The Tucson Police Department is making changes to better serve the community. The changes come in the wake of protests, growing anti-law enforcement attitudes and shootings that killed eight officers in just two weeks.
"I think it's a tough time to be a police officer but it's never really been an easy job at any point in our history," said Chief of Police Chris Magnus. "We've gone through rough patches before where officers have really been challenged in terms of doing their job. T think I'm fortunate that I work with a great team of officers who are smart, well trained, resilient and ready to take on the challenges that go with constitutional policing."
Chief Magnus recently penned a letter to his officers where he thanked them for their work and touched on the future of the department.
The letter said, in part, "They're working to make the complaint process more timely and efficient, improve training in procedural justice and de-escalation tactics, be as accountable as possible in tracking and evaluating the use of force and do more to recruit a diverse pool of well qualified candidates."
Use of force continues to be a controversial issue across the country as many claim lives have been unnecessarily taken at the hands of law enforcement. Here in Tucson, 30-year-old Abraham Smith was shot and killed by a TPD officer north of downtown. Police say he was armed with two knives and was mentally ill. That shooting came just one day after police officers in Dallas were ambushed by a sniper, leaving 5 dead and 7 injured.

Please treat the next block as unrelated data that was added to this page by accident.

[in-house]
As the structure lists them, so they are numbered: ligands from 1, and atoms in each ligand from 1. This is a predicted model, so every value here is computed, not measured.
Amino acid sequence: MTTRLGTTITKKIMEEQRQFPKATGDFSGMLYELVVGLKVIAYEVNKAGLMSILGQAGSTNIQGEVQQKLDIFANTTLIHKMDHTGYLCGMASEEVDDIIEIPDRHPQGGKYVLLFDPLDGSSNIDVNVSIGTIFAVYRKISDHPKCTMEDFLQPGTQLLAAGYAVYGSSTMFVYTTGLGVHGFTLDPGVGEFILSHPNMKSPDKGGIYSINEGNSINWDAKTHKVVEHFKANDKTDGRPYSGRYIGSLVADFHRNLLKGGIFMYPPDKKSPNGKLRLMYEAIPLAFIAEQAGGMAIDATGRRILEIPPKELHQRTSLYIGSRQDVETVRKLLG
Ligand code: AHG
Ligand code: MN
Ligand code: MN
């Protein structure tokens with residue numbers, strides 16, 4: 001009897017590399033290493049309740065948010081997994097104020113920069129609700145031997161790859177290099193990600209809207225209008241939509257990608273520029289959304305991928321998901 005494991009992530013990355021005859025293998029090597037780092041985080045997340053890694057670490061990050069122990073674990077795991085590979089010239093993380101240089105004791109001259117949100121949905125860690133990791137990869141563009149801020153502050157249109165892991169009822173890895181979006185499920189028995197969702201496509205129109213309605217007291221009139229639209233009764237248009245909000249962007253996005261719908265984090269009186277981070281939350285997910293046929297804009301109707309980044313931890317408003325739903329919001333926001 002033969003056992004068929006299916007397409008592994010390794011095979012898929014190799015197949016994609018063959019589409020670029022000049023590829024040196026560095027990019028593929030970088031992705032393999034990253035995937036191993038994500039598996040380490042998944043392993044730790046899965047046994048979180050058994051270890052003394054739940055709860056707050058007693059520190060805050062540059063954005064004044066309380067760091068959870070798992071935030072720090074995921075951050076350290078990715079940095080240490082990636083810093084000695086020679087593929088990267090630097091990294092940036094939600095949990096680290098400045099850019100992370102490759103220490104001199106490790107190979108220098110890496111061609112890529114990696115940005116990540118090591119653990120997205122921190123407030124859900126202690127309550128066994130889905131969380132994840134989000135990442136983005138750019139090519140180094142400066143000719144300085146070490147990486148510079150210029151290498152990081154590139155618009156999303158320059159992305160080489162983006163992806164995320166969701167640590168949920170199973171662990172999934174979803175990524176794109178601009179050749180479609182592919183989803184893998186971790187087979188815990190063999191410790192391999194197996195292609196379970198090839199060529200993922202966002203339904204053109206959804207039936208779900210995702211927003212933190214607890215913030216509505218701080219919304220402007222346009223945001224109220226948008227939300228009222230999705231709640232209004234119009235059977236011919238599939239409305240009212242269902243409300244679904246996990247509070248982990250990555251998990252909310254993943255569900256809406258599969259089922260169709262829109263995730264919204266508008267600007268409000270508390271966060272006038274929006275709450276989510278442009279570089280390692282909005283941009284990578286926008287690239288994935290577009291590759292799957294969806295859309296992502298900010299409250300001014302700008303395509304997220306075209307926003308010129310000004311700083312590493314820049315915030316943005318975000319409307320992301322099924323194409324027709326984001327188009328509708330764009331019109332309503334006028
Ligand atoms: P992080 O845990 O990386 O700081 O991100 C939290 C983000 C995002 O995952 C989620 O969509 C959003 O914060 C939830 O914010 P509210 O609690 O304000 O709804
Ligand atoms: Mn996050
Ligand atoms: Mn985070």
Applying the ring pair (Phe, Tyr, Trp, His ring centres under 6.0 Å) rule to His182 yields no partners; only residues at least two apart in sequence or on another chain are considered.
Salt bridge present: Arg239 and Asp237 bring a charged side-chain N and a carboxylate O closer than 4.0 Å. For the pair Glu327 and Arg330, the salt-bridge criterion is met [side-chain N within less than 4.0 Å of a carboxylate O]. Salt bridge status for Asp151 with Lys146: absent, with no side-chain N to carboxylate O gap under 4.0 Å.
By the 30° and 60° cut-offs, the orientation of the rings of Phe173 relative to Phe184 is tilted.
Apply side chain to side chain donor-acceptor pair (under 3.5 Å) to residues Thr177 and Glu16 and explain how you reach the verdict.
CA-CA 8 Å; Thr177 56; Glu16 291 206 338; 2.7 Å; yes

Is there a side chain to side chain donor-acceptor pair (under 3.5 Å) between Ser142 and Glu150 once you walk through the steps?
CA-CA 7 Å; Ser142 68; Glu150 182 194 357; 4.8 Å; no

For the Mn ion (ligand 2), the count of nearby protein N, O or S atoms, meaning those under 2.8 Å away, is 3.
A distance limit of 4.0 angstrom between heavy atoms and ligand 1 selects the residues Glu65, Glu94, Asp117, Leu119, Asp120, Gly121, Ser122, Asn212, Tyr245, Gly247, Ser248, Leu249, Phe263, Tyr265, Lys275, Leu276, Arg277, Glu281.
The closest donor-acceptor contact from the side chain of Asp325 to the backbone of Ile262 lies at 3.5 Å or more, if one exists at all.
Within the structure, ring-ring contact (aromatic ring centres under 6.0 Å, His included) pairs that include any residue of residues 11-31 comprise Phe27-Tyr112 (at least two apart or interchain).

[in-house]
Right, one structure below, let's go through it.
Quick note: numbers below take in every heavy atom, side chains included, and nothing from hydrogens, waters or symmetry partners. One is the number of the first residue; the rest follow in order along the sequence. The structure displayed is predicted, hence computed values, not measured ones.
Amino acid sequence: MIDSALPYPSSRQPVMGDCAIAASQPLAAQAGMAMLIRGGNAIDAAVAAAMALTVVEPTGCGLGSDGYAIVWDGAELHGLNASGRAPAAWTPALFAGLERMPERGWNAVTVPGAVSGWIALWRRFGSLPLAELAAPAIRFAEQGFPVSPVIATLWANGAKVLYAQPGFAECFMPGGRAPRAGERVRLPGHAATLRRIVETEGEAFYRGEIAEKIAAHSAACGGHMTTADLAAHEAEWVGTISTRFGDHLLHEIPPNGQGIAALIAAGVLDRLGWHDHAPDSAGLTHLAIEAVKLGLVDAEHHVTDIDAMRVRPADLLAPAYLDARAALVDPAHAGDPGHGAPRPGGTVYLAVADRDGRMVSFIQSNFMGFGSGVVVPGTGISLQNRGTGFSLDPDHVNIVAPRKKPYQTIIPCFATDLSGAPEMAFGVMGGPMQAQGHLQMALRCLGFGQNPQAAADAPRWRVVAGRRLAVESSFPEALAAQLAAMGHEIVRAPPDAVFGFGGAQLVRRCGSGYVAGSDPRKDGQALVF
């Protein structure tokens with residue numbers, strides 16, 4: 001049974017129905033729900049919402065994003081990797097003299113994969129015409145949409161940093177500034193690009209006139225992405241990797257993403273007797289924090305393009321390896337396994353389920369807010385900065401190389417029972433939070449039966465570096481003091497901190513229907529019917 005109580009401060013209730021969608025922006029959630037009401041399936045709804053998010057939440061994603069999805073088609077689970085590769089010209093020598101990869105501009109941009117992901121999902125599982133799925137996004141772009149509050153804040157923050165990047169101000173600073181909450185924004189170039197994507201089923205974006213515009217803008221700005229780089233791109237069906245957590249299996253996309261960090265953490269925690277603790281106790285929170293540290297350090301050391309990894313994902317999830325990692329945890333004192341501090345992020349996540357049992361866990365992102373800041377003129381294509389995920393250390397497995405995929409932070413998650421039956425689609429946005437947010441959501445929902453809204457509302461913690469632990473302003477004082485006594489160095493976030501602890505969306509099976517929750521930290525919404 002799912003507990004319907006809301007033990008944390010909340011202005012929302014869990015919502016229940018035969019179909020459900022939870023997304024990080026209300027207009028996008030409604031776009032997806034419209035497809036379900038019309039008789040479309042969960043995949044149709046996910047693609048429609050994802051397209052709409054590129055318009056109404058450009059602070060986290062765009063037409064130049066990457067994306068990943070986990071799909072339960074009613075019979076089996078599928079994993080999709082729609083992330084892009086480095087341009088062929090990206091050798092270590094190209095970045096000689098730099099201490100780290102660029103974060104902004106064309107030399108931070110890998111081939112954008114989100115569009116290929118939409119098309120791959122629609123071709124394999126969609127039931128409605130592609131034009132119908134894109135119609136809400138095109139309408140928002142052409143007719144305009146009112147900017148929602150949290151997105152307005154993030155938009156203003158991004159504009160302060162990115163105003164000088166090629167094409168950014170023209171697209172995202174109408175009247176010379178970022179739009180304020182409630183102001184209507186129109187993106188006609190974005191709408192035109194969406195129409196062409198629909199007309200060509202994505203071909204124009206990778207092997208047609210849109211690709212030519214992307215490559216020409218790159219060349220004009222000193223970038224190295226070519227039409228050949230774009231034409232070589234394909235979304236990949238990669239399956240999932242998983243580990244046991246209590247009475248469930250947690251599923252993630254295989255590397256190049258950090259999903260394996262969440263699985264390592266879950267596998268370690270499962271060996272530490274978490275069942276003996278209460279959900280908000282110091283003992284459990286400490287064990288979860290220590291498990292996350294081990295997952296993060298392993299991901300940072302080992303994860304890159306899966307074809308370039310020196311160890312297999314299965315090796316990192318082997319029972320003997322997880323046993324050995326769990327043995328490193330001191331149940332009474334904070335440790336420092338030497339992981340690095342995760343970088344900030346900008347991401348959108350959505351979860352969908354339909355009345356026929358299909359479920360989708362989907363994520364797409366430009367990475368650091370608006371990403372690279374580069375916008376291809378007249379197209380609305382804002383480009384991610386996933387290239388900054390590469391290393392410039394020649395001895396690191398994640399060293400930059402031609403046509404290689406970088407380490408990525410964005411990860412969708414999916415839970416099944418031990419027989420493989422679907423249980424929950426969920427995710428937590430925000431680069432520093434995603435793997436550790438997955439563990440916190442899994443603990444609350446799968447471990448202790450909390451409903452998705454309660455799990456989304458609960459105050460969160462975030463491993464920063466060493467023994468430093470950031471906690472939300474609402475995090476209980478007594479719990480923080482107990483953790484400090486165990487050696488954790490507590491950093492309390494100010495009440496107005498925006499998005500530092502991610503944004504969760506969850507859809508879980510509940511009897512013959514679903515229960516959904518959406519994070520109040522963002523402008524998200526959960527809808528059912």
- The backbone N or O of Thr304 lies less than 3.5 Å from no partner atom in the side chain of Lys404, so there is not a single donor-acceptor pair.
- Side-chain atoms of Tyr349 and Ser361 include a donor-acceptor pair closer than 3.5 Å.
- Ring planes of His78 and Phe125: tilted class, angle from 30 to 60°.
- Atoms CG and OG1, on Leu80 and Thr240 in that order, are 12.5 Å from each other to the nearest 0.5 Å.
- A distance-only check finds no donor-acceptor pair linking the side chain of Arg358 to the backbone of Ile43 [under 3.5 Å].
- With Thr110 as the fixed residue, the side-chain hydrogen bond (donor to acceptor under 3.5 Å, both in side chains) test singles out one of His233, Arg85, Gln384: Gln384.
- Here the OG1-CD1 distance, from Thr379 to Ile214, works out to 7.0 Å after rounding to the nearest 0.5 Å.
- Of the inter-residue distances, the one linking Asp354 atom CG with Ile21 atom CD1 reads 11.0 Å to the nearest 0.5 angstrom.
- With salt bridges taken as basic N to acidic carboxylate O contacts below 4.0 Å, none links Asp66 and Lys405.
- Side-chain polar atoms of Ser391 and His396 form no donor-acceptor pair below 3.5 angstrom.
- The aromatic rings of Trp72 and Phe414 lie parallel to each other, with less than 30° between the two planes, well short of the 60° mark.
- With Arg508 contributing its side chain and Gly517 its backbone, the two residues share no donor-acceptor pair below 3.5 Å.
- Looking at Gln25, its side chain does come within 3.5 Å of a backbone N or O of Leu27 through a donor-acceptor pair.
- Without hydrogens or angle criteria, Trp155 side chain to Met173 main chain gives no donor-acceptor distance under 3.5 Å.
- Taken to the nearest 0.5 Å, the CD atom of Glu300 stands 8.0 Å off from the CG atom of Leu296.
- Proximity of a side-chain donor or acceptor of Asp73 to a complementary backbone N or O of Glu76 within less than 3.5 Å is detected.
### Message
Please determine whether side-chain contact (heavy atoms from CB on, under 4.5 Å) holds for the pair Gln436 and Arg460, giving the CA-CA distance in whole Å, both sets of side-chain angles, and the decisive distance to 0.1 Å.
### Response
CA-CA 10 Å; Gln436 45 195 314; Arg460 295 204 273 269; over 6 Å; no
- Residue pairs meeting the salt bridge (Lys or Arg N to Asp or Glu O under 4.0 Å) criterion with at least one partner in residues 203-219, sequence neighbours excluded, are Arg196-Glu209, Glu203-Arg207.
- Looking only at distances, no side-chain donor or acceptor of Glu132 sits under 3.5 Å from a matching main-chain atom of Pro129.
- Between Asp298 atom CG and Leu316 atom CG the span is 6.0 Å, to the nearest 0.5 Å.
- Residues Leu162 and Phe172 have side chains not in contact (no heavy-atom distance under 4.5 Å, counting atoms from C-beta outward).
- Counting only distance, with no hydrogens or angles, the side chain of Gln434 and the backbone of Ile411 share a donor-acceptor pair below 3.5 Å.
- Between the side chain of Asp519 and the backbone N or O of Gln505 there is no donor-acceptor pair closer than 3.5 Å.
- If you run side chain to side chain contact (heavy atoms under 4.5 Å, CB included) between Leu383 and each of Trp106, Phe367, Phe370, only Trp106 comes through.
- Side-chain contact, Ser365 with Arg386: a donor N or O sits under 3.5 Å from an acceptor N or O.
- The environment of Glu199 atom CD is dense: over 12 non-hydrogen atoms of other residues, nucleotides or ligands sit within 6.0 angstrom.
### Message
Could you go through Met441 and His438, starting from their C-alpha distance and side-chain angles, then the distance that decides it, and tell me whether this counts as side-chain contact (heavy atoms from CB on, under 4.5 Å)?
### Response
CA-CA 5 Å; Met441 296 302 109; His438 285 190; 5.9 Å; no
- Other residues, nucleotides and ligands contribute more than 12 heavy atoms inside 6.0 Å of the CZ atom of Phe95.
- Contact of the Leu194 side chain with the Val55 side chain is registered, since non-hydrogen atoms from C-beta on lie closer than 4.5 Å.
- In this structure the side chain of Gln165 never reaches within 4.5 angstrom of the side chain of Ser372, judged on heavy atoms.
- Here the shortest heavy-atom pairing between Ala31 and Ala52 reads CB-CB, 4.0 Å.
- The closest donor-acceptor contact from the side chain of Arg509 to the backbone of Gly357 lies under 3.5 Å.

"We've done our best to model our use of force policy based on ways we can effectively train our officers to use the right tool, technique or tactic for a given situation," said Magnus. "Obviously we want to use the least amount of force to overcome resistance and sometimes that changes quickly. So, that can be difficult. Officers can think that they're dealing with one situation and think that they're going to communicate with somebody, they're going to be able to take someone into custody without any problems. Things can change very fast. It comes back to training, good supervision, good community support and accountability which is really important and going to be a recurring theme. We believe we use force appropriately and we're willing to be held accountable for the decisions we make."